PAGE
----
Fiorini’s family cave
A trip to Roccalbegna, an ancient medieval village on the slopes of Mount Amiata, in Tuscany, to meet Simone and Angela of the Il Fiorino Dairy and visit the natural cave where they season their best cheeses
“Close the door of the cave otherwise midges will enter and eat the cheese!” reprimand me Valentina, the youngest daughter of Angela Fiorini and Simone Sargentoni. It is her, along with Sofia, the older sister, our guide during the visit of the Fiorini family cave. Young, but with a strong personality, pleasantly pride of Fiorini family heritage and totally aware of the value of the cheeses they are showing us.
After sleeping in Grosseto we leave the city behind and chase Simone through the Tuscan hills, striving to keep up with his sport driving. We reach Roccalbegna, a historic medieval village, on the slopes of Mount Amiata, set between rugged karst spurs, such as the famous Sasso, which is the backdrop to the ancient Rocca.
Fiorini’s cave is at the entrance of this ancient village
The building, where Angela’s mother lives still today, hides the family’s “caveau” on its back: carved out of the rocky side against which the building stands, here is the entrance of the cellar where the cheeses are seasoned.
The cave has been recently restored and enlarged, exploiting the rooms of the old establishment. The dairy is located a little further on, after the historic center of Roccalbegna, in a modern establishment of three thousand square meters.
Let’s first visit the dairy
We get out of the car and breathe the peace of the hills, the look that is lost among pastures, meadows, woods and olive trees, while the cicadas remind us that it is midsummer.
To enter the dairy we had to pass by the shop, which is at the same time a flaghip store where you can buy all family cheeses, and many other specialties of Maremma area, but also a space that tells the story of Fiorini family, through a lot of pictures and framed prizes, with which the walls are covered.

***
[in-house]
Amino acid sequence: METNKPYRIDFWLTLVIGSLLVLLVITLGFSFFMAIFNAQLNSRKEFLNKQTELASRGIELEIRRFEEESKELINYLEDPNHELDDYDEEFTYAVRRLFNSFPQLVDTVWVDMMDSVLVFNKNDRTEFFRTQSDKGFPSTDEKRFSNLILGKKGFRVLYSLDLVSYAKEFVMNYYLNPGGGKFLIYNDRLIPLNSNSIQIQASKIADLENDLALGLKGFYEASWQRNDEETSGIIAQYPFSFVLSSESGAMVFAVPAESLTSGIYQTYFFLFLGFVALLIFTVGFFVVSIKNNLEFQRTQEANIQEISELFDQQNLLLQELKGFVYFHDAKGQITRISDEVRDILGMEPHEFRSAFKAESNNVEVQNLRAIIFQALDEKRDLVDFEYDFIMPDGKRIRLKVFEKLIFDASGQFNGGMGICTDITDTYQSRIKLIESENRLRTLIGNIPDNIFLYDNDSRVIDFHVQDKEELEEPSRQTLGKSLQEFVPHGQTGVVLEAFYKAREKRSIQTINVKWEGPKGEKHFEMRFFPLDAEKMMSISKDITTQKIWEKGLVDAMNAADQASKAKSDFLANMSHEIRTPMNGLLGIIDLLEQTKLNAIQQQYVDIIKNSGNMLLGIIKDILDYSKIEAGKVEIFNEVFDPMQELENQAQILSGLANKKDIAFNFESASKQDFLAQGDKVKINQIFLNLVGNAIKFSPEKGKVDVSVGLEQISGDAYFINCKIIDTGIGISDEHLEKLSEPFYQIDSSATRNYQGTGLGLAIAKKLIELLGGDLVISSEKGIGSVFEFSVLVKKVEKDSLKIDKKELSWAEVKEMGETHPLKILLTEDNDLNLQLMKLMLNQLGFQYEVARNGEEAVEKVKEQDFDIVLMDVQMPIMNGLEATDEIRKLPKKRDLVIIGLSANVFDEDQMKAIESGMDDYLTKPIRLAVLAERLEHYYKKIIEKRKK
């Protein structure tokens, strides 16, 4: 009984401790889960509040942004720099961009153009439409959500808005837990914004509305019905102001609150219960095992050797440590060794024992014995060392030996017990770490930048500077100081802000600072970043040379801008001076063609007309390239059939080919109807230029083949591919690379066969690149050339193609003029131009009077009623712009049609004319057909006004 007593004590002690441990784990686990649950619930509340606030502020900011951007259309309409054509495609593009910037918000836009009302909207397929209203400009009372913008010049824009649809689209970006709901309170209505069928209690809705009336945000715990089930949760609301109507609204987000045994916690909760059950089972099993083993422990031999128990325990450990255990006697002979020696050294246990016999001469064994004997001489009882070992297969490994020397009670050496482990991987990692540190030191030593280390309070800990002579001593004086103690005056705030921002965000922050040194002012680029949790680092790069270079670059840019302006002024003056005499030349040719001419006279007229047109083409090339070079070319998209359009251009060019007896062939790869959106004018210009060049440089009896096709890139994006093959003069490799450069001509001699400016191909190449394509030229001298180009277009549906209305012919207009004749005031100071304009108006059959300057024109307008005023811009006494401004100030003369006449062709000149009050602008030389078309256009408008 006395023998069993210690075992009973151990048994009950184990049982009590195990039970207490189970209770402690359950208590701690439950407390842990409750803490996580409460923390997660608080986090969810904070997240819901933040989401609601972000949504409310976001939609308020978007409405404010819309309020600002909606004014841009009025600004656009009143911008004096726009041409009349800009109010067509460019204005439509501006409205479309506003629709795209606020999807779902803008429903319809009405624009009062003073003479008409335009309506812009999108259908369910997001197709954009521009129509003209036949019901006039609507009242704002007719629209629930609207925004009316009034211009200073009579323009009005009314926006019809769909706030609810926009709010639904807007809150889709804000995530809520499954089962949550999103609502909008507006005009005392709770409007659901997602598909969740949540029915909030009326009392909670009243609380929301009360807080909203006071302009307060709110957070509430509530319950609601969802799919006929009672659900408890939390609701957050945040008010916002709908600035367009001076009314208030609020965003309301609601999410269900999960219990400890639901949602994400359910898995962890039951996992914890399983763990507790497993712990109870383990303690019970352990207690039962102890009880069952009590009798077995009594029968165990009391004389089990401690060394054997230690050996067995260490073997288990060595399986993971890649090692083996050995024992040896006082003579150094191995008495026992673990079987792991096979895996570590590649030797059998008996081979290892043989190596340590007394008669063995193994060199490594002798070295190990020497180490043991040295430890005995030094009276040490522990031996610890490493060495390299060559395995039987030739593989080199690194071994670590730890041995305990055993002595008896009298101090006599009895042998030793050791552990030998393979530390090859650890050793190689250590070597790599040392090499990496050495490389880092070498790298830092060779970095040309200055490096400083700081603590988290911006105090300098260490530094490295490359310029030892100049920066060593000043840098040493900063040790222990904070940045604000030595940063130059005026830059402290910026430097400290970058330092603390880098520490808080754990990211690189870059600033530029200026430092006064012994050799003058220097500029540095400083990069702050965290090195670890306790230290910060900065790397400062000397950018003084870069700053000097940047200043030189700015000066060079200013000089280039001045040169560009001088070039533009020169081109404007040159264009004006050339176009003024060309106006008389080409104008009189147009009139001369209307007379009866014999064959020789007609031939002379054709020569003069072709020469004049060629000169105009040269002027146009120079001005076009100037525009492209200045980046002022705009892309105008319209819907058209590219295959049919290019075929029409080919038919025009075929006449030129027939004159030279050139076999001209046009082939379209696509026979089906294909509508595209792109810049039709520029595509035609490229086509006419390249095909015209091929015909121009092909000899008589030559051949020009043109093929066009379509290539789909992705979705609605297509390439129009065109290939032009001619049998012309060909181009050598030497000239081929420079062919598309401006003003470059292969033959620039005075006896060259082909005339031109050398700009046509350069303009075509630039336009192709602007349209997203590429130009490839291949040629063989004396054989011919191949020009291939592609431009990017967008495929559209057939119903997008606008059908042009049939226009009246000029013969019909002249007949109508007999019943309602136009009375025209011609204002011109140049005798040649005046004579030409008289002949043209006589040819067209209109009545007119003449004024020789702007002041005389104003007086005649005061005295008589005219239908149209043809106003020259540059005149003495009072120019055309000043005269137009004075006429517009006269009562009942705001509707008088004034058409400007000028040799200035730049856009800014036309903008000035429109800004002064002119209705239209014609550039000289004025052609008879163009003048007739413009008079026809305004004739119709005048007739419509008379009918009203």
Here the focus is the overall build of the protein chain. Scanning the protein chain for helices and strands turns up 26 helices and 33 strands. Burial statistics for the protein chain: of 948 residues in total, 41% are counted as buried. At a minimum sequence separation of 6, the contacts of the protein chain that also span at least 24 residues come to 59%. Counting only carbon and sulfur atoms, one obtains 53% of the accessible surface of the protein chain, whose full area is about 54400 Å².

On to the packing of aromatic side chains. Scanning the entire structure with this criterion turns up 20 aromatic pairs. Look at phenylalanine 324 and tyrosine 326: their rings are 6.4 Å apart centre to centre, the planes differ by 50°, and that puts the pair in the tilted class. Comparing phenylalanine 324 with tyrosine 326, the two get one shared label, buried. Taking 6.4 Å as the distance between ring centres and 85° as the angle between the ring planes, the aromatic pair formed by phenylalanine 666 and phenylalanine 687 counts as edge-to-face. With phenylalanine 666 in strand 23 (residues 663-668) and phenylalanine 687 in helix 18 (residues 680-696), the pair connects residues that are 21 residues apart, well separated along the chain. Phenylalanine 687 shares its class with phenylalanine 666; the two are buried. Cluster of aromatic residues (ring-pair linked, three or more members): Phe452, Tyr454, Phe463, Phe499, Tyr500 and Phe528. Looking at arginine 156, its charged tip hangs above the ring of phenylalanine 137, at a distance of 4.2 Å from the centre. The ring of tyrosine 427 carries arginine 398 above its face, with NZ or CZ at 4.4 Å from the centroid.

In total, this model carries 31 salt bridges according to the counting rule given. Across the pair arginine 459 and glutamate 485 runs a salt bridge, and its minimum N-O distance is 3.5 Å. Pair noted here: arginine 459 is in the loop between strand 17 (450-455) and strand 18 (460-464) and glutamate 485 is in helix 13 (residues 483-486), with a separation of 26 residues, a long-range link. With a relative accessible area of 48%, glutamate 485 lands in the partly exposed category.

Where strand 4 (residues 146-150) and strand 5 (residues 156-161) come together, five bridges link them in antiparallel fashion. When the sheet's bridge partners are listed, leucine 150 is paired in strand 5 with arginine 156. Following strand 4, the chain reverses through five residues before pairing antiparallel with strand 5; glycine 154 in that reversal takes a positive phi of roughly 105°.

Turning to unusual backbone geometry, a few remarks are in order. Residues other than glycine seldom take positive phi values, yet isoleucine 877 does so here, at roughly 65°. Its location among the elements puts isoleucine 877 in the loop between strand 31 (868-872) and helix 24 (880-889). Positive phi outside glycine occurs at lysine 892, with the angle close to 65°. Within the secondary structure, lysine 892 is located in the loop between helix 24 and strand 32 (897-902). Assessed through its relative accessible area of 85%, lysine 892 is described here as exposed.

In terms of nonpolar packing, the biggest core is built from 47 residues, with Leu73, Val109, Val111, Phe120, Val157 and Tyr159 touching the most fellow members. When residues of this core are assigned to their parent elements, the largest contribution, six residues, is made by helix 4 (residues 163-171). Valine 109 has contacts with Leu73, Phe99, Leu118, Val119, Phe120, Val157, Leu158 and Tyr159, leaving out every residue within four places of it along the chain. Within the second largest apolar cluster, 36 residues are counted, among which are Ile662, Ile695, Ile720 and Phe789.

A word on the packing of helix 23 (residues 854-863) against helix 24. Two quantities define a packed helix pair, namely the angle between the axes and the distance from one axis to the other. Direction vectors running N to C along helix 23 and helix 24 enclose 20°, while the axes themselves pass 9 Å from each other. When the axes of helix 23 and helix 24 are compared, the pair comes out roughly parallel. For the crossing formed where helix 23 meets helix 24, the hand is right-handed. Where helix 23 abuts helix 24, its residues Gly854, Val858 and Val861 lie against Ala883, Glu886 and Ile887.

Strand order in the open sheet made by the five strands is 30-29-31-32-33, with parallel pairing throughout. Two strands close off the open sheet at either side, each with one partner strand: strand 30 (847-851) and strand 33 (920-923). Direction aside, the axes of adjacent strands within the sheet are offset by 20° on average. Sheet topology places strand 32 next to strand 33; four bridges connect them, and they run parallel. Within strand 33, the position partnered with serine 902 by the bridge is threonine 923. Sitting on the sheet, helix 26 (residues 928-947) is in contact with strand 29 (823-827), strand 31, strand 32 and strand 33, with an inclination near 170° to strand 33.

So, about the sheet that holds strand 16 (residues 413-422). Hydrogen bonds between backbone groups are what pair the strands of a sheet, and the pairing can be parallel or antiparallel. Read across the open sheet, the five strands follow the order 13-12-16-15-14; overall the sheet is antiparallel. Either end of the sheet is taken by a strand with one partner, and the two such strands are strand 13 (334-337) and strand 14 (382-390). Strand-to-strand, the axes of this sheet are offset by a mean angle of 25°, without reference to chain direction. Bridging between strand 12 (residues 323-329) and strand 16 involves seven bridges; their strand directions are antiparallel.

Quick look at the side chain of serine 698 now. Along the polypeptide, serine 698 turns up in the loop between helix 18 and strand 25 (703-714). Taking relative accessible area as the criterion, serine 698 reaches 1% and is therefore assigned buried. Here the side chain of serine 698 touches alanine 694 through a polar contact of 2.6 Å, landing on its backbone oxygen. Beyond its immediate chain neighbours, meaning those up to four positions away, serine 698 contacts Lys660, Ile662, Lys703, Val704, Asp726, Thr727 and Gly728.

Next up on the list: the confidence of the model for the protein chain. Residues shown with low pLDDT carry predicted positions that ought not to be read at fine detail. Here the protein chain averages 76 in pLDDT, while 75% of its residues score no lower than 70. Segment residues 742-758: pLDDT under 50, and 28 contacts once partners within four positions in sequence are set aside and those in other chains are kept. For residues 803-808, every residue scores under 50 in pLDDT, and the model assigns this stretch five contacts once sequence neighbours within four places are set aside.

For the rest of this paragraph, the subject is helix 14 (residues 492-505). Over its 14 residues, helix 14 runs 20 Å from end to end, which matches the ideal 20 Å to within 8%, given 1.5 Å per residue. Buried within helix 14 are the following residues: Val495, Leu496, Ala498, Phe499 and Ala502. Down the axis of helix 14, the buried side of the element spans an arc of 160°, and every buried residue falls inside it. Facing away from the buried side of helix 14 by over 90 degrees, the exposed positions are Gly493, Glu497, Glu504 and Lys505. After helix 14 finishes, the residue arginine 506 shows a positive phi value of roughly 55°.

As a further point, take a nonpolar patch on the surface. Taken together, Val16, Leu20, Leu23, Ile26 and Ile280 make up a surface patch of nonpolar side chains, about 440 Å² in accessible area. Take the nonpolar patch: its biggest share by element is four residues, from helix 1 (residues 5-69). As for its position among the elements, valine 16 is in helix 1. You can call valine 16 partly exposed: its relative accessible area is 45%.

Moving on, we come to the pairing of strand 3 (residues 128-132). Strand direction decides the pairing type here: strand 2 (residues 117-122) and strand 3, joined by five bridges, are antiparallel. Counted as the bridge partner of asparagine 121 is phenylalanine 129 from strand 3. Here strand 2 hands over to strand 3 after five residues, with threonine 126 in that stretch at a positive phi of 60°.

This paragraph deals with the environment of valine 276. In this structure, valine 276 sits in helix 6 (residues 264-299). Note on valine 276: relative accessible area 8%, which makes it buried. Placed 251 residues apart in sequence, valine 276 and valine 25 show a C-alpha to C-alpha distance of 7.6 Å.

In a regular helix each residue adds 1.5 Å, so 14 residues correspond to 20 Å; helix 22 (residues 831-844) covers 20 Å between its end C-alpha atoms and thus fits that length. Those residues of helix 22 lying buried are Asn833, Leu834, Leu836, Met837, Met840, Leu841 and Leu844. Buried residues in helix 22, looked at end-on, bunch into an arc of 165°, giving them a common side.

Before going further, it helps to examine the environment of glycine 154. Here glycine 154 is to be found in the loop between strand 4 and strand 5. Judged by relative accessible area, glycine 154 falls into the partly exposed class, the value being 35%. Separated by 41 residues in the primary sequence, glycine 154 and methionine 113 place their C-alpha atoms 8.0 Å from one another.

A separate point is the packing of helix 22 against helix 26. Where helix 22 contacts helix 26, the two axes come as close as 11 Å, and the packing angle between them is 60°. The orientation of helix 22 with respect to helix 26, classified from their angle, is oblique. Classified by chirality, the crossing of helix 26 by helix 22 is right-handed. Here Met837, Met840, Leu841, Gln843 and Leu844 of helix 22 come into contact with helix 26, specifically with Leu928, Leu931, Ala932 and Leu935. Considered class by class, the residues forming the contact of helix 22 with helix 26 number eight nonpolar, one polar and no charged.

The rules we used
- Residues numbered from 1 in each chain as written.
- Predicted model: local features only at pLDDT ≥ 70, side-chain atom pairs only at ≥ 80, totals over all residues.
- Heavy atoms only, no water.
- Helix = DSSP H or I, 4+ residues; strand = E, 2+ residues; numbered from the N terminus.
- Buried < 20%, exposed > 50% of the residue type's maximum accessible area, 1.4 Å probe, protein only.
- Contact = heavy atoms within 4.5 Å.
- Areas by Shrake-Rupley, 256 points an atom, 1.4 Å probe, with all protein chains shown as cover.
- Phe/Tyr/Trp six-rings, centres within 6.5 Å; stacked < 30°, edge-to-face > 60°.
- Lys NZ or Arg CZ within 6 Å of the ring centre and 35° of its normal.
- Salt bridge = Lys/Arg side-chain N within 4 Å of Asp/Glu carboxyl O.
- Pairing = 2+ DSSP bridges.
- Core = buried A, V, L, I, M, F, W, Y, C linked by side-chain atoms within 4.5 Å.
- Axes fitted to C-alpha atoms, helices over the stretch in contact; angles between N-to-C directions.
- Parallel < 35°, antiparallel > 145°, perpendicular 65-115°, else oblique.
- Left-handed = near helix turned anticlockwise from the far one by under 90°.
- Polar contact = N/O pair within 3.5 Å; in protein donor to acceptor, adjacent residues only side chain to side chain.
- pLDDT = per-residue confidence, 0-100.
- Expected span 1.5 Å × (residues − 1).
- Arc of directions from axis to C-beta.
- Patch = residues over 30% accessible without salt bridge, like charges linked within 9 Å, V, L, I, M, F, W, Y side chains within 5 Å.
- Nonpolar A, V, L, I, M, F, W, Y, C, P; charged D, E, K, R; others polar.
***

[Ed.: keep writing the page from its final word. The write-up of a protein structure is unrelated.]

“The Fiorini family originates from Tuscany and Romagna regions” - says Simone. “Francesco Fiorini was baptised in Roccalbegna in 1812. He was probably the first one of the family who bought a farm in Maremma area and devoted himself to sheep breeding. In 1925 one of his descendants, Ferrero Fiorini, married Caterina Pandolfi of Roccalbegna, increased the business and opened a shop in the village. He had two children, including Duilio, Angela’s father, who founded Il Fiorino dairy in 1957: an old tank, preserved as an antique heirloom, shows the historic stamp with the date of the company’s foundation “.
The current plant, built in 1989, is actually managed by Angela and Simone: the company has gradually grown over the years and now employs around 30 people.
Angela and Simone have succeeded in making the Fiorini di Roccalbegna’s dairy products known and appreciated all around the world, while at the same time preserving the authenticity and craftsmanship of the products
As a proof, they keep winning lots of international awards with their cheeses. To mention only the last: 7 medals at the World Cheese Awards in Bergen, Norway, in November 2018, two Super Gold (the most prestigious recognition) and a prize for the best Italian company of the competition.
One of the main strengths of Fiorini cheeses - as often happens - is the raw material: milk comes exclusively from Maremma area, and is collected only from selected local farms.
About fifty producers, almost all located in the province of Grosseto, with an average of 250-400 sheeps each. Roccalbegna, Saturnia, Semproniano, Scansano, Arcidosso, Cinigiano, Campagnatico and Grosseto; places dedicated to agriculture since the Etruscan era, where fortunately even today the rolling landscape has been preserved almost intact.
The milk is directly collected every day by Fiorino with they own trucks and taken to the dairy where it is processed
With an internal analysis it is defined the type of cheese to be produced, according to the characteristics of the milk. The dairy transforms on average 12-13 tons of milk per day, the most important production takes place between March and July, respecting the seasonal lactation cycle of sheeps.